NATO in the Political Fray

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NATO Secretary General Jens Stoltenberg spoke to The German Marshall Fund of the United States (GMF) in Brussels on November 18 at a moment of high politics for the Alliance.

NATO Secretary General Jens Stoltenberg spoke to The German Marshall Fund of the United States (GMF) in Brussels on November 18 at a moment of high politics for the Alliance. His remarks, and our wide-ranging conversation, made a striking contrast with the Secretary General’s first policy address shortly after his arrival in October 2014. Those earlier remarks, also at GMF, covered the range of challenges to European security emanating from the East, and from the South. It was very much about crisis management and response. Last week’s discussion made clear that these challenges persist and have become more compelling. But the real contrast has less to do with deterrence and defense, and much more to do with developments inside NATO member states. The Alliance debate has become intensely political.

The prospect of a Trump administration has spurred intense concern among America’s allies in Europe and elsewhere. Partners from the Atlantic to the Pacific are about to test the proposition that campaign rhetoric may not be a guide to policy in office. In any case, NATO does not have the luxury of holding Washington at arm’s length. Secretary General Stoltenberg has been very clear that “going it alone” is not an option for Europe or the United States. In a phone call Friday afternoon, both Trump and Stoltenberg underlined NATO’s enduring importance. But NATO allies are in need of specific reassurance from Washington. They will look to confirm that more pointed arguments about burden sharing — in particular, that Europe simply needs to spend more on defense — do not imply any weakening of America’s basic commitment to European security. In truth, the burden sharing debate is almost as old as NATO, and has been extremely contentious at times. Most often it has been about money. But, over time, it has also been about shared risk. This is the essence of extended deterrence.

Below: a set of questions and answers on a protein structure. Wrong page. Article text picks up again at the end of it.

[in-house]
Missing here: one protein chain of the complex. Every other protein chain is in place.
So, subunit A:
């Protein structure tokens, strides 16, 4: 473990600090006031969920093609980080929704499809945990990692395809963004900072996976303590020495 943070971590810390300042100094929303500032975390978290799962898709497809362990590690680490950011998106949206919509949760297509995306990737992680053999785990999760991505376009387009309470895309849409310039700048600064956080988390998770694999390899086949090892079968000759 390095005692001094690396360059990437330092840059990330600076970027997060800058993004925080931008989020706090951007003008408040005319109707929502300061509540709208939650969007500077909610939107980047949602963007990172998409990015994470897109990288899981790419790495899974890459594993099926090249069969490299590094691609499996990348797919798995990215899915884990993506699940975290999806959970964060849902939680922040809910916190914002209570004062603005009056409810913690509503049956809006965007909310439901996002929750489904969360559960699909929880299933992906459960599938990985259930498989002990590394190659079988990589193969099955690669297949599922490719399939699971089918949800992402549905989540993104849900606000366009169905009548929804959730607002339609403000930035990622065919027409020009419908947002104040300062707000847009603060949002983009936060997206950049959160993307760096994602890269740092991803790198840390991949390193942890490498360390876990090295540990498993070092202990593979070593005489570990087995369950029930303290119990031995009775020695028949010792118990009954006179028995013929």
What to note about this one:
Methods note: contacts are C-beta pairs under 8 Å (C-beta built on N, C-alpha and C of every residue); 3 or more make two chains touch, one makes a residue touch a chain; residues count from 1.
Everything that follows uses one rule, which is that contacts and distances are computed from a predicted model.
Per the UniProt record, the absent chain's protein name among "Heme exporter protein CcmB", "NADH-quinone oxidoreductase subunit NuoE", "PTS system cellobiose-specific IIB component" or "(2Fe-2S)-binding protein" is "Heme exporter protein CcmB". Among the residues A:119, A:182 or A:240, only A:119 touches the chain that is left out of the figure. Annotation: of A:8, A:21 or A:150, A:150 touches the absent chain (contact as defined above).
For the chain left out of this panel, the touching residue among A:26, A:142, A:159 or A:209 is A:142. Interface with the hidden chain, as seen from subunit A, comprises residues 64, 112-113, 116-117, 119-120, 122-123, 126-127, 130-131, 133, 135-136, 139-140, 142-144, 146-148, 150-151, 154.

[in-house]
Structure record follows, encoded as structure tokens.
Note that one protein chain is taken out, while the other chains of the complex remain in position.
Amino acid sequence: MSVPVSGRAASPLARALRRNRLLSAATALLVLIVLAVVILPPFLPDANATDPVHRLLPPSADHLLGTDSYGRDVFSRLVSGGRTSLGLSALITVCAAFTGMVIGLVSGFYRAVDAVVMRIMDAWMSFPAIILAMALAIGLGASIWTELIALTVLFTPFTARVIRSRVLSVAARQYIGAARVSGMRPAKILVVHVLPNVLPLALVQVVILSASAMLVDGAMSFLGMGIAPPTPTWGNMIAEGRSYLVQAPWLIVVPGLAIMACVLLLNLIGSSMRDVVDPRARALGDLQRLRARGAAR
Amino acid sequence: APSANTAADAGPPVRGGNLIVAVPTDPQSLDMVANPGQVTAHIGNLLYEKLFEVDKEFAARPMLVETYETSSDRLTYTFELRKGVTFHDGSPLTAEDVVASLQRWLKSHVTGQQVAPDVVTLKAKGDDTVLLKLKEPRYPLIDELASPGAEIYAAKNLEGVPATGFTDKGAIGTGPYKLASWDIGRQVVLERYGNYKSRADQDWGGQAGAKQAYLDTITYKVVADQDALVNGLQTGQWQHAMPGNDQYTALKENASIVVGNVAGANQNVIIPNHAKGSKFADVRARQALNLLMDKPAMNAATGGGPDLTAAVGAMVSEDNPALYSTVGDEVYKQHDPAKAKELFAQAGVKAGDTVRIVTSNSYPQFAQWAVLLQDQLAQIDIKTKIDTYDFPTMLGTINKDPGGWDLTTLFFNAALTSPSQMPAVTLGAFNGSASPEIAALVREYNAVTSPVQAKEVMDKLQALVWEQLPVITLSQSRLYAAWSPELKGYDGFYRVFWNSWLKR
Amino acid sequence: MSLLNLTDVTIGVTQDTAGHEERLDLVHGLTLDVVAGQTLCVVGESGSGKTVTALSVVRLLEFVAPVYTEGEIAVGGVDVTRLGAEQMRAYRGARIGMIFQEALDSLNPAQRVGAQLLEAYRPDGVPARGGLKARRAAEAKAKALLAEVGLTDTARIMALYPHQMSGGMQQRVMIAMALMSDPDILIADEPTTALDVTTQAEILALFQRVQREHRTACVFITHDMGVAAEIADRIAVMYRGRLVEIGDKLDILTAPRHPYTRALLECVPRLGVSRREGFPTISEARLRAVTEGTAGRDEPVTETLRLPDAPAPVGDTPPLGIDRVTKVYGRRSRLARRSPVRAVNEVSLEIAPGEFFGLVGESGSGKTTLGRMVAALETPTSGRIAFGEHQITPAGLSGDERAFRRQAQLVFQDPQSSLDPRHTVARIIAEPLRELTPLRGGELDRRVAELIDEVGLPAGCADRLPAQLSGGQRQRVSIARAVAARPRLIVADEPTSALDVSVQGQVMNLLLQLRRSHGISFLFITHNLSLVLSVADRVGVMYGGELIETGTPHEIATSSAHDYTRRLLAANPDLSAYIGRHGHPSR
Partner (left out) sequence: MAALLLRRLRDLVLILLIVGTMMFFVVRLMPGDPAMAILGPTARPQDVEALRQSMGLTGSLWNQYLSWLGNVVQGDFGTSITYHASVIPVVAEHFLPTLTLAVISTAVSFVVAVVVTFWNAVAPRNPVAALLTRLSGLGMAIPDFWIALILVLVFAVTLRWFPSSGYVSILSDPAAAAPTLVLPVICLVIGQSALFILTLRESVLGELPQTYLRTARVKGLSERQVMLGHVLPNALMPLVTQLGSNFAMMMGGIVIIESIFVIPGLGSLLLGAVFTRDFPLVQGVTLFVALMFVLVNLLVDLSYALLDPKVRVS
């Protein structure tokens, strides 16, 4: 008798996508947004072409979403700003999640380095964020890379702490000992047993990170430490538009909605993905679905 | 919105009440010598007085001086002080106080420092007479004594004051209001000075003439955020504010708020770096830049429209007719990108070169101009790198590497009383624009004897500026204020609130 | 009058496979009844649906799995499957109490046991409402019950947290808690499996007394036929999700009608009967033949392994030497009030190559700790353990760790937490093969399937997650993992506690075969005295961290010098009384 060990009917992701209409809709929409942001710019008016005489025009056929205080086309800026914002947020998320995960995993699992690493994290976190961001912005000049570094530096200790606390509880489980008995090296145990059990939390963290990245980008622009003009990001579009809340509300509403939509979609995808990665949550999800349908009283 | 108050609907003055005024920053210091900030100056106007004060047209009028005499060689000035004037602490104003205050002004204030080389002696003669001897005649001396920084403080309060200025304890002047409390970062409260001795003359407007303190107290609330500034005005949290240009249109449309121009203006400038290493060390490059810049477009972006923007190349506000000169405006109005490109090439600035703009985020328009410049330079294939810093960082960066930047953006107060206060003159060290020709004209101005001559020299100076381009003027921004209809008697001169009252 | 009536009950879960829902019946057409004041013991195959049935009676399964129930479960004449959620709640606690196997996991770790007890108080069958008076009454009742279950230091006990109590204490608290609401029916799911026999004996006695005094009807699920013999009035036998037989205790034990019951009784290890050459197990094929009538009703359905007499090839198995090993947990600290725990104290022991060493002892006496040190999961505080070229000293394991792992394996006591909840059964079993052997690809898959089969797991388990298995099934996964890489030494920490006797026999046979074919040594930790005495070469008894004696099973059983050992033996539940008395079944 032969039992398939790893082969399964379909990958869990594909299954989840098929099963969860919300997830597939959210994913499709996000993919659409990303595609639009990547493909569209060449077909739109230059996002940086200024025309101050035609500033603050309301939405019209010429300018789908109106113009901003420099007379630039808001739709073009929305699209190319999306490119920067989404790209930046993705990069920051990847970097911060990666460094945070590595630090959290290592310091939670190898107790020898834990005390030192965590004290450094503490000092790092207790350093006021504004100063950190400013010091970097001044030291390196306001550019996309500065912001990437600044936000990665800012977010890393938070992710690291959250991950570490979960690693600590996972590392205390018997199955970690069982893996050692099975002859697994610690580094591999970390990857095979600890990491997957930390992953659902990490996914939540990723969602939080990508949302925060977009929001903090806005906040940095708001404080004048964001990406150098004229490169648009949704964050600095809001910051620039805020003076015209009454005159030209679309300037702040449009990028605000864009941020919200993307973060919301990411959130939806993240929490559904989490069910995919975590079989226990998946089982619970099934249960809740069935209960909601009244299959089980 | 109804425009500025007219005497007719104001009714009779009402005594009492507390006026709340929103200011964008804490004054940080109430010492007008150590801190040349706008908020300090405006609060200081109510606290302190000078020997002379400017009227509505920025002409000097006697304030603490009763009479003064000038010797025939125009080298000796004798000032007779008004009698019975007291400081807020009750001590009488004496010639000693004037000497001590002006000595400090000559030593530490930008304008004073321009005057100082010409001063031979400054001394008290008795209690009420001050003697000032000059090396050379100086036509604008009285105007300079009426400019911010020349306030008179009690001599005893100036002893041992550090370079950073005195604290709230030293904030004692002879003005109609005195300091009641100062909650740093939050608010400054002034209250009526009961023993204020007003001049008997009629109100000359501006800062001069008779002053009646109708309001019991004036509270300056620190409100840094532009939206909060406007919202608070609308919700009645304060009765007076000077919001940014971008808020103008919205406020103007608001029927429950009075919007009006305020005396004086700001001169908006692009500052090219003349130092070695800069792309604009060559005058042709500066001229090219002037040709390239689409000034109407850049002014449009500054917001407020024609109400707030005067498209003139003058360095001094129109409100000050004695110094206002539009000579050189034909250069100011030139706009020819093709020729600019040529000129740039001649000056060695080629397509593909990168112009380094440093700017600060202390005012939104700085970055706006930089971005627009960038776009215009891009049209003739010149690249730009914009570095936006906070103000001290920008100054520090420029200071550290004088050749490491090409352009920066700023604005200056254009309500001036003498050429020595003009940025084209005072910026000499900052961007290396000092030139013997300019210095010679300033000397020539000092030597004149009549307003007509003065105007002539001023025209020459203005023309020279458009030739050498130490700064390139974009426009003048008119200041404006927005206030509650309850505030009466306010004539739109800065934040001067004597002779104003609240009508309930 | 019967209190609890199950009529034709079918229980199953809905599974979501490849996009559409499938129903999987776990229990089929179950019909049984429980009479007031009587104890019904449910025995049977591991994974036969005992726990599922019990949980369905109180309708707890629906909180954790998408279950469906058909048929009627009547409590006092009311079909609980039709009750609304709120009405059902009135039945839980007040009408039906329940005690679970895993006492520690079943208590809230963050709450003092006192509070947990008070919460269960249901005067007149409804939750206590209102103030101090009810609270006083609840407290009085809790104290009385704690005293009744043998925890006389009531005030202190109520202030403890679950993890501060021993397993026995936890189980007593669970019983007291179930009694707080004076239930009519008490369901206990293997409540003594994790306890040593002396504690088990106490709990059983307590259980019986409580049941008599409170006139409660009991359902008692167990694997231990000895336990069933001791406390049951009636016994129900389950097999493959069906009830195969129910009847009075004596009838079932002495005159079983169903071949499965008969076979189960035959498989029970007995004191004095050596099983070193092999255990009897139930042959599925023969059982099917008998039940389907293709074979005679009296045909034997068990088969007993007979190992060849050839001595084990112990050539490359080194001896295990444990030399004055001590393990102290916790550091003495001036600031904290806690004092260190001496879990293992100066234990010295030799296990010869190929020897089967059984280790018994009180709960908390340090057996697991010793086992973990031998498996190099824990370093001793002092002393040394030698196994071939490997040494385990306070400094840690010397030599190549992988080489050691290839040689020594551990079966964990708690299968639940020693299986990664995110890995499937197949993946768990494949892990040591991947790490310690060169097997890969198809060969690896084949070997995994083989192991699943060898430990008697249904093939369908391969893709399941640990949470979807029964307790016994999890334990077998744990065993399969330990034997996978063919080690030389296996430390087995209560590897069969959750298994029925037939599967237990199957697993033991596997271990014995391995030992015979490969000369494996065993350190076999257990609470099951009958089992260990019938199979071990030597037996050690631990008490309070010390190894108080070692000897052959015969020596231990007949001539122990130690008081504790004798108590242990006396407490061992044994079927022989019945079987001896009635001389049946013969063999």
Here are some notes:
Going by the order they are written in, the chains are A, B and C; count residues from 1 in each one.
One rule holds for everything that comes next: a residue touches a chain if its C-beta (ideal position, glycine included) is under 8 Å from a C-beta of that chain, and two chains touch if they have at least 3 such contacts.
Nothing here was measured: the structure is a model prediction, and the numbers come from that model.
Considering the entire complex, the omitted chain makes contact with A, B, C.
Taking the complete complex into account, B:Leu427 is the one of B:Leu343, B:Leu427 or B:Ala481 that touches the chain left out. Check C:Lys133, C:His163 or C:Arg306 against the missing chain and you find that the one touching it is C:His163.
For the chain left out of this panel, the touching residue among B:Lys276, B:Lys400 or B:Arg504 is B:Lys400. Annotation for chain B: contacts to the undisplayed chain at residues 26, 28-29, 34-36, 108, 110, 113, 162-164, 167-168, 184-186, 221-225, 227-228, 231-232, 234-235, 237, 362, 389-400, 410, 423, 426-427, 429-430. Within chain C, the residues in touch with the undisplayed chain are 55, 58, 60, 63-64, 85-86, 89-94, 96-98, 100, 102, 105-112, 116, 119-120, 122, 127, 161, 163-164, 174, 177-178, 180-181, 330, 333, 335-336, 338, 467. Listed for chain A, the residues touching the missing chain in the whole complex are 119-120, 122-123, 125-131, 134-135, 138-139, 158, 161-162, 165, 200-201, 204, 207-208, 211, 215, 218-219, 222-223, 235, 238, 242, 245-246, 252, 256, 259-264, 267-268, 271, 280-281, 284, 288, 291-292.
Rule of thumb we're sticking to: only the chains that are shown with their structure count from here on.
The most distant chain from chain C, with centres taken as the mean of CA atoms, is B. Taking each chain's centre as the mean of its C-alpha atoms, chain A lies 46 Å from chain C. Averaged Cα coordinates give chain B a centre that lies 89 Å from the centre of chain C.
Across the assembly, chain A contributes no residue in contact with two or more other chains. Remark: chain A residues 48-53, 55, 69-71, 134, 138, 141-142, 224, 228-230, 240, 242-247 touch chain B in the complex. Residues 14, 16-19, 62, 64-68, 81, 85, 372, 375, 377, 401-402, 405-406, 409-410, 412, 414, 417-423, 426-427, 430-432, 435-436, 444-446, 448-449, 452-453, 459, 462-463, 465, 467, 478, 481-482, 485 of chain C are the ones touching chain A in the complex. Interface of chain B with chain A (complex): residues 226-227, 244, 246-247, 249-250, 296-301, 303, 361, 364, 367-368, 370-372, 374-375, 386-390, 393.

President-elect Trump and others have portrayed this as a bargain, a transaction in which Europe pays more and the United States stays in the European security game. In reality, there has never been a bargain of this kind, and we should not start now.  The United States is engaged in NATO because it has shared (dare we say it, even independent) security interests in and around Europe, from deterring Russian adventurism to meeting terrorist risks emanating from the Mediterranean. This is an historic and, above all, a political commitment.

Beyond the question of America’s continued role in European security, the Secretary General also had a good deal to say about Europe’s substantial defense potential if European societies can summon the political will to act together and more efficiently. There is also much to be gained from NATO–EU cooperation, and this is now a fashionable idea in both organizations. A lot is being done, especially on maritime security — read migration and refugees — and counter-terrorism, and these are exactly the areas where publics are making vigorous demands. These may not be “existential” security risks as portrayed in campaigns on both sides of the Atlantic but they could prove politically existential for governments and alliances that ignore them.

Finally, domestic developments elsewhere in NATO, most notably in Turkey, but also in Poland and Hungary, have touched off a sensitive debate about the extent to which political conditions in member states bear on the future of the Alliance. In its approach to enlargement, NATO has emphasized the role of norms and values, alongside defense contributions. If the conversation at our November 18 event is any indication, it is getting hard to ignore these intensely political issues.

For better or worse, NATO is now deeply engaged in the transatlantic political fray.